Courtesy of Crumbs & Whiskers

Still, Crumbs & Whiskers—which officially launched in D.C. in the summer of 2015—was among the nation’s first wave of businesses (and the District's first) to offer customers the chance to enjoy feline companionship with a side of java, along with the opportunity to maybe even save a tiny life. Ultimately, the altruistic concept proved to be so successful that Singh, sensing a market for a similar storefront in Los Angeles, opened up a second location there in the fall of 2016. "I always felt like what L.A. is, culturally, just fits with the type of person that would go to a cat café," she says.

Someday, Singh hopes to bring Crumbs & Whiskers to Chicago and New York, and “for cat cafes as a concept, as an industry, to grow,” she says. “I think that it would be great for this to be the future of adoptions and animal rescues.” Until then, you can learn more about Crumbs & Whiskers (and the animals they rescue) by stopping by if you're in D.C. and LA, or by visiting their website.

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Animals
15 Examples of the Most Epic Metamorphoses from Youth to Adult
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iStock

We’re all familiar with the most dramatic metamorphosizers of the animal kingdom: butterflies. They go from a tiny egg to an awkward wiggling caterpillar to mysterious pupa to a delicate, colorful winged creature. However, there are many other animals besides butterflies that undergo dramatic transformations from youth to adult. Here are 15 of the most epic metamorphoses seen in nature.

1. LADYBUGS (COCCINELLIDAE)

What’s black, white, and red all over? Mandy ladybugs are—but only in their final stage of life. Turns out these little beetles undergo one of the most epic metamorphoses in the animal kingdom: For most species, after adult female ladybugs mate, they lay a clutch of tiny yellow eggs right in the middle an aphid colony, usually on the underside of a leaf. Eggs hatch in a week, revealing spiky black worm-like larvae that readily gobble up the aphids around them. When a larva is fully grown, it changes into a blob-like yellow pupa. Finally, the black, white and red (or sometimes yellow or orange) insect appears.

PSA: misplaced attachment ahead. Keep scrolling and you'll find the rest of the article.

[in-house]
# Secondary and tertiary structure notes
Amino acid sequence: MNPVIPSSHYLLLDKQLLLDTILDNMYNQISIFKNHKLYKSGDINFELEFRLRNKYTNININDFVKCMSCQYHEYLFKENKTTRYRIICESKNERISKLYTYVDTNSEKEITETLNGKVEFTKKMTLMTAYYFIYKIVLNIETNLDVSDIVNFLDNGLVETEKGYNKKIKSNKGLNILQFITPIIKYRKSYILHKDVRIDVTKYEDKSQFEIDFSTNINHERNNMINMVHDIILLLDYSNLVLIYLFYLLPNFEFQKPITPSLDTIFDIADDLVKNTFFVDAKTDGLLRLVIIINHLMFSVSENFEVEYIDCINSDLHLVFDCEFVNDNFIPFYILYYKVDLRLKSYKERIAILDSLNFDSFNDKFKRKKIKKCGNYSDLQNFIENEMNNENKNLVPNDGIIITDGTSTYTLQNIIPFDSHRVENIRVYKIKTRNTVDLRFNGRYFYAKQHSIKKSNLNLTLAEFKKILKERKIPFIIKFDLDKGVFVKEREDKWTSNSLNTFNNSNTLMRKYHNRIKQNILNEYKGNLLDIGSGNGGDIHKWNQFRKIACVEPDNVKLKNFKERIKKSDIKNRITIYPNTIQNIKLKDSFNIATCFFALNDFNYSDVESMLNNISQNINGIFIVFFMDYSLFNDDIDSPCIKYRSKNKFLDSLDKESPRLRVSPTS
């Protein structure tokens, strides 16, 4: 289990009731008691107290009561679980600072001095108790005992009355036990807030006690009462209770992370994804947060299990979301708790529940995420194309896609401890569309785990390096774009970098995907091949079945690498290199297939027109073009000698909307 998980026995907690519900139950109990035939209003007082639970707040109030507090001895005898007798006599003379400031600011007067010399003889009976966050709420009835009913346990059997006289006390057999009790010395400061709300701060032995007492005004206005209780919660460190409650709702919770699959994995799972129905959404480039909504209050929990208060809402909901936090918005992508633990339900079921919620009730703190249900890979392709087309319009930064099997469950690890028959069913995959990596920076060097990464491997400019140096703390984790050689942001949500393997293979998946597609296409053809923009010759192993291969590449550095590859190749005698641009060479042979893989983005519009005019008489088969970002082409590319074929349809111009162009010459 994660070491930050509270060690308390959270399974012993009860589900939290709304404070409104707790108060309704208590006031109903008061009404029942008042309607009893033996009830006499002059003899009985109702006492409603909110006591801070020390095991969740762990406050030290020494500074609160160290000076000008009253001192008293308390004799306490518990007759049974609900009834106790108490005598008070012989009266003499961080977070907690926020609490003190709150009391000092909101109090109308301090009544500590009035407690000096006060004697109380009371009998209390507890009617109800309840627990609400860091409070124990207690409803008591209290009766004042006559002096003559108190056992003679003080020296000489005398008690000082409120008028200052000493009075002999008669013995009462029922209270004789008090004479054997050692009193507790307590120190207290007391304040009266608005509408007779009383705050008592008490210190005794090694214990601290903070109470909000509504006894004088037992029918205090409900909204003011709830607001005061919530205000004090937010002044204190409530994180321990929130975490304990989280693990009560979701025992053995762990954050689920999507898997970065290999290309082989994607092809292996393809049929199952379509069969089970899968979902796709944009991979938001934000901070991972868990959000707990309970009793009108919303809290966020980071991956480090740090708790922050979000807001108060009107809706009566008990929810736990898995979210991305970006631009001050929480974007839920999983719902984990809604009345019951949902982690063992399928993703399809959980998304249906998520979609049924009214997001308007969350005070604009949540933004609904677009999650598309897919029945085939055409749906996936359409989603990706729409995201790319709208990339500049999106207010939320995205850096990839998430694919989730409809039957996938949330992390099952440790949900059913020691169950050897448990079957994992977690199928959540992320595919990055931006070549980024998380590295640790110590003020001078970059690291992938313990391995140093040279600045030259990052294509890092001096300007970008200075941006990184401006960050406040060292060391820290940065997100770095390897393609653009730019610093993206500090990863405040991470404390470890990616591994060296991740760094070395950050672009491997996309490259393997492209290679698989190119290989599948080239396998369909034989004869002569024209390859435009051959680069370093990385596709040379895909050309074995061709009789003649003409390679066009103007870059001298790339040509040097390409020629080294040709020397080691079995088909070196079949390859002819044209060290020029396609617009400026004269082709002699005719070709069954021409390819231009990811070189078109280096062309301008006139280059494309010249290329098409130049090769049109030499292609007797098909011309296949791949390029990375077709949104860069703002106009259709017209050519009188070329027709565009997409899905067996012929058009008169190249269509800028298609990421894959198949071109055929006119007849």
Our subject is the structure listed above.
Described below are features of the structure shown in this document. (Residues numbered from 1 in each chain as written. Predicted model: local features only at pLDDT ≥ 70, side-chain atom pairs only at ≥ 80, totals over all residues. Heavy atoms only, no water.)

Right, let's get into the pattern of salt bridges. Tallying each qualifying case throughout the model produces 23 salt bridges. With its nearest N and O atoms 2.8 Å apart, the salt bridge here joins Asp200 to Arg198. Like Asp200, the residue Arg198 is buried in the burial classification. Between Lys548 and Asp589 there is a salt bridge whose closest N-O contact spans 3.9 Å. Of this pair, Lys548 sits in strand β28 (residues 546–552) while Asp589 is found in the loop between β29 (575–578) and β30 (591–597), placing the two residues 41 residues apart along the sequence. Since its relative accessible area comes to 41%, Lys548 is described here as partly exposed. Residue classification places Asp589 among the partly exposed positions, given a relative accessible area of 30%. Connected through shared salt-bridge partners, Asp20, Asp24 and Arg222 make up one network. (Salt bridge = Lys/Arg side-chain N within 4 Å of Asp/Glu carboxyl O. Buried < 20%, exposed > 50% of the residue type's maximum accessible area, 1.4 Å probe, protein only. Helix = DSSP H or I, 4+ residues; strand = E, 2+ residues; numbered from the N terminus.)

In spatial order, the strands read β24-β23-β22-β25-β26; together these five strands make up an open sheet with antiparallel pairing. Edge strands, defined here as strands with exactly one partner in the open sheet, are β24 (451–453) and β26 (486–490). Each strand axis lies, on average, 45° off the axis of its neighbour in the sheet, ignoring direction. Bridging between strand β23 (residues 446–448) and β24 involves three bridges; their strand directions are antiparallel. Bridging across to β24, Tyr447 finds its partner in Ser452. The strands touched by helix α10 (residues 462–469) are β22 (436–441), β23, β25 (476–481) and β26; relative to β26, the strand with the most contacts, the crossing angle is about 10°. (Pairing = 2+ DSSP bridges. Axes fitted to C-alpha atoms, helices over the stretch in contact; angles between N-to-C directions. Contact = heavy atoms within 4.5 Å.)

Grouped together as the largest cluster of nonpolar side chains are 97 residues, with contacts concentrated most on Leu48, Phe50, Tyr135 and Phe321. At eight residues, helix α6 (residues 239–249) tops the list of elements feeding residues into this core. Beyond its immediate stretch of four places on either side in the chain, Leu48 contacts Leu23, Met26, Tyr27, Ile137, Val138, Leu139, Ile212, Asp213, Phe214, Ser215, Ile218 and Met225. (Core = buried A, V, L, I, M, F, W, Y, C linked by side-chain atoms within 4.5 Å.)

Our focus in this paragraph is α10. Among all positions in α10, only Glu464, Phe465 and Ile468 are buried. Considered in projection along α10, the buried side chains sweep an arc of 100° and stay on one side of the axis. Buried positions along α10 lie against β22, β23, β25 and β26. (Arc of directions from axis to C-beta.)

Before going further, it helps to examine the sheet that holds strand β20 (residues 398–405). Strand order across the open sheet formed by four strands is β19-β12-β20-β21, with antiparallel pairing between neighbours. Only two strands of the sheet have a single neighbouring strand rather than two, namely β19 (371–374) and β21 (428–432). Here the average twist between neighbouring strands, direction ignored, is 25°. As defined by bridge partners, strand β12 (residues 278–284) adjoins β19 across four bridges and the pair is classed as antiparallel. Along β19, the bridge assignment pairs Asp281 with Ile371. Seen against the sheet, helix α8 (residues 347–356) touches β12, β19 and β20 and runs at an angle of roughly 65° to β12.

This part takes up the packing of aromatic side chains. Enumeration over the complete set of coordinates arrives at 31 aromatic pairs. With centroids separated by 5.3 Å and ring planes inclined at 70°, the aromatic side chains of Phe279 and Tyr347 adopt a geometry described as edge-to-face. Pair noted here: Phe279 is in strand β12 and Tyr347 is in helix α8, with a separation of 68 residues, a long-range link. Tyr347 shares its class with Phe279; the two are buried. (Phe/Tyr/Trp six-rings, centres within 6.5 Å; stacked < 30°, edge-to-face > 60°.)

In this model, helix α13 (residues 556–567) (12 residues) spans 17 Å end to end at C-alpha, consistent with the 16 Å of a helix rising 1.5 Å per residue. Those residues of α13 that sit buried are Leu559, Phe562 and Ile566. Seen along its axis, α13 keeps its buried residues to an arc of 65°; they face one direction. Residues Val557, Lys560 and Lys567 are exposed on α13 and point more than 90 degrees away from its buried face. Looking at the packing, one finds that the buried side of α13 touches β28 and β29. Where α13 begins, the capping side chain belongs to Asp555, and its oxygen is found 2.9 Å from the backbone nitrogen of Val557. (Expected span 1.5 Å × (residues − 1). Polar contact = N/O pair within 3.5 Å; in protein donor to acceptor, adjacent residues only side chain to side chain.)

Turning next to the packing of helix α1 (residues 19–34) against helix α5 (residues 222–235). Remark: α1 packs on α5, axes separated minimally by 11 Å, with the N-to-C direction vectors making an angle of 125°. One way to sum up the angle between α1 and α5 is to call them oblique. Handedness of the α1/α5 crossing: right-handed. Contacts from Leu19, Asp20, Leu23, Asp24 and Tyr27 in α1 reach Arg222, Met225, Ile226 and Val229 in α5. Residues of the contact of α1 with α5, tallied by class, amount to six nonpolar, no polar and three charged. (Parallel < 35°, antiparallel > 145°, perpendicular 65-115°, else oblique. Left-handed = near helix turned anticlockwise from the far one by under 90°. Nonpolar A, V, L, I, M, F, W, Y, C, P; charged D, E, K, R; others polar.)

2. MAYFLY (EPHEMEROPTERA)

Mayflies, the less-elegant cousins of dragonflies and damselflies, have one of the most unique metamorphoses of all insects. Most insects’ life stages move from egg to nymph to pupa to adult, but mayflies do not have a pupa stage. Instead, it is the only type of insect to undergo a subimago stage, meaning it’s almost an adult in the sense it grows wings … but cannot fly long distances and isn’t yet sexually mature. The mayfly’s final life stage, the fully flighted and sexually mature imago or adult, is extremely short, lasting just a few hours to a few days.

3. PEACOCK SPIDER (MARATUS)

Left: Jurgen Otto, Flickr // CC BY-NC-ND 2.0; Right: Jurgen Otto, Flickr // CC BY-NC-ND 2.0

Peacock spiders are tiny, venomous, and beautiful (especially the colorfully rumped males) arthopods native to Australia. Male peacock spiders are so beautiful, in fact, it’s hard to believe that, like all spiders, they go through some not-so-glamorous life stages: egg, egg sac, spiderling, adult. When male peacock spiders reach sexual maturity they try to seduce less-colorful female peacock spiders by performing a showy dance.

4. NUDIBRANCH (NUDIBRANCHIA)

While adult nudibranchs are essentially colorful and ornate blobs of the sea, they don’t start out that way. In fact, after hatching, nudibranch larvae are tiny, plain-looking and have small snail-like shells. Over the course of two months they morph from this plain stage into adults, along the way getting larger and more colorful, losing their shells, and growing gills and feelers, called rhinophores.

5. CROWN OF THORNS STARFISH (ACANTHASTER PLANCI)

Another sea creature that looks completely different as an adult than a juvenile is the crown of thorns starfish. When looking at an adult, it’s easy to see where this creature gets its name: It’s completely covered with dangerous-looking sharp spikes. But after hatching, it looks like not much more than a translucent, floating blob. Over time it grows arms, and later, spikes, then fixes itself to rocks where it feeds on coral.

6. IMMORTAL JELLYFISH (TURRITOPSIS DOHRNII)

The secret to a long and prosperous life, it turns out, is to be a jellyfish. The aptly named immortal jellyfish begins life as an egg, like all other jellies. It then enters the free-swimming larva stage, then settles down into a polyp on the ocean floor, and then finally morphs into a sexually mature jellyfish. Unlike most other jellies, an immortal jellyfish is capable of reverting back into the polyp stage at any time it faces environmental stress, attacks by predators, sickness or old age—essentially being reborn as a young jelly.

7. FLATFISH (PLEURONECTIFORMES)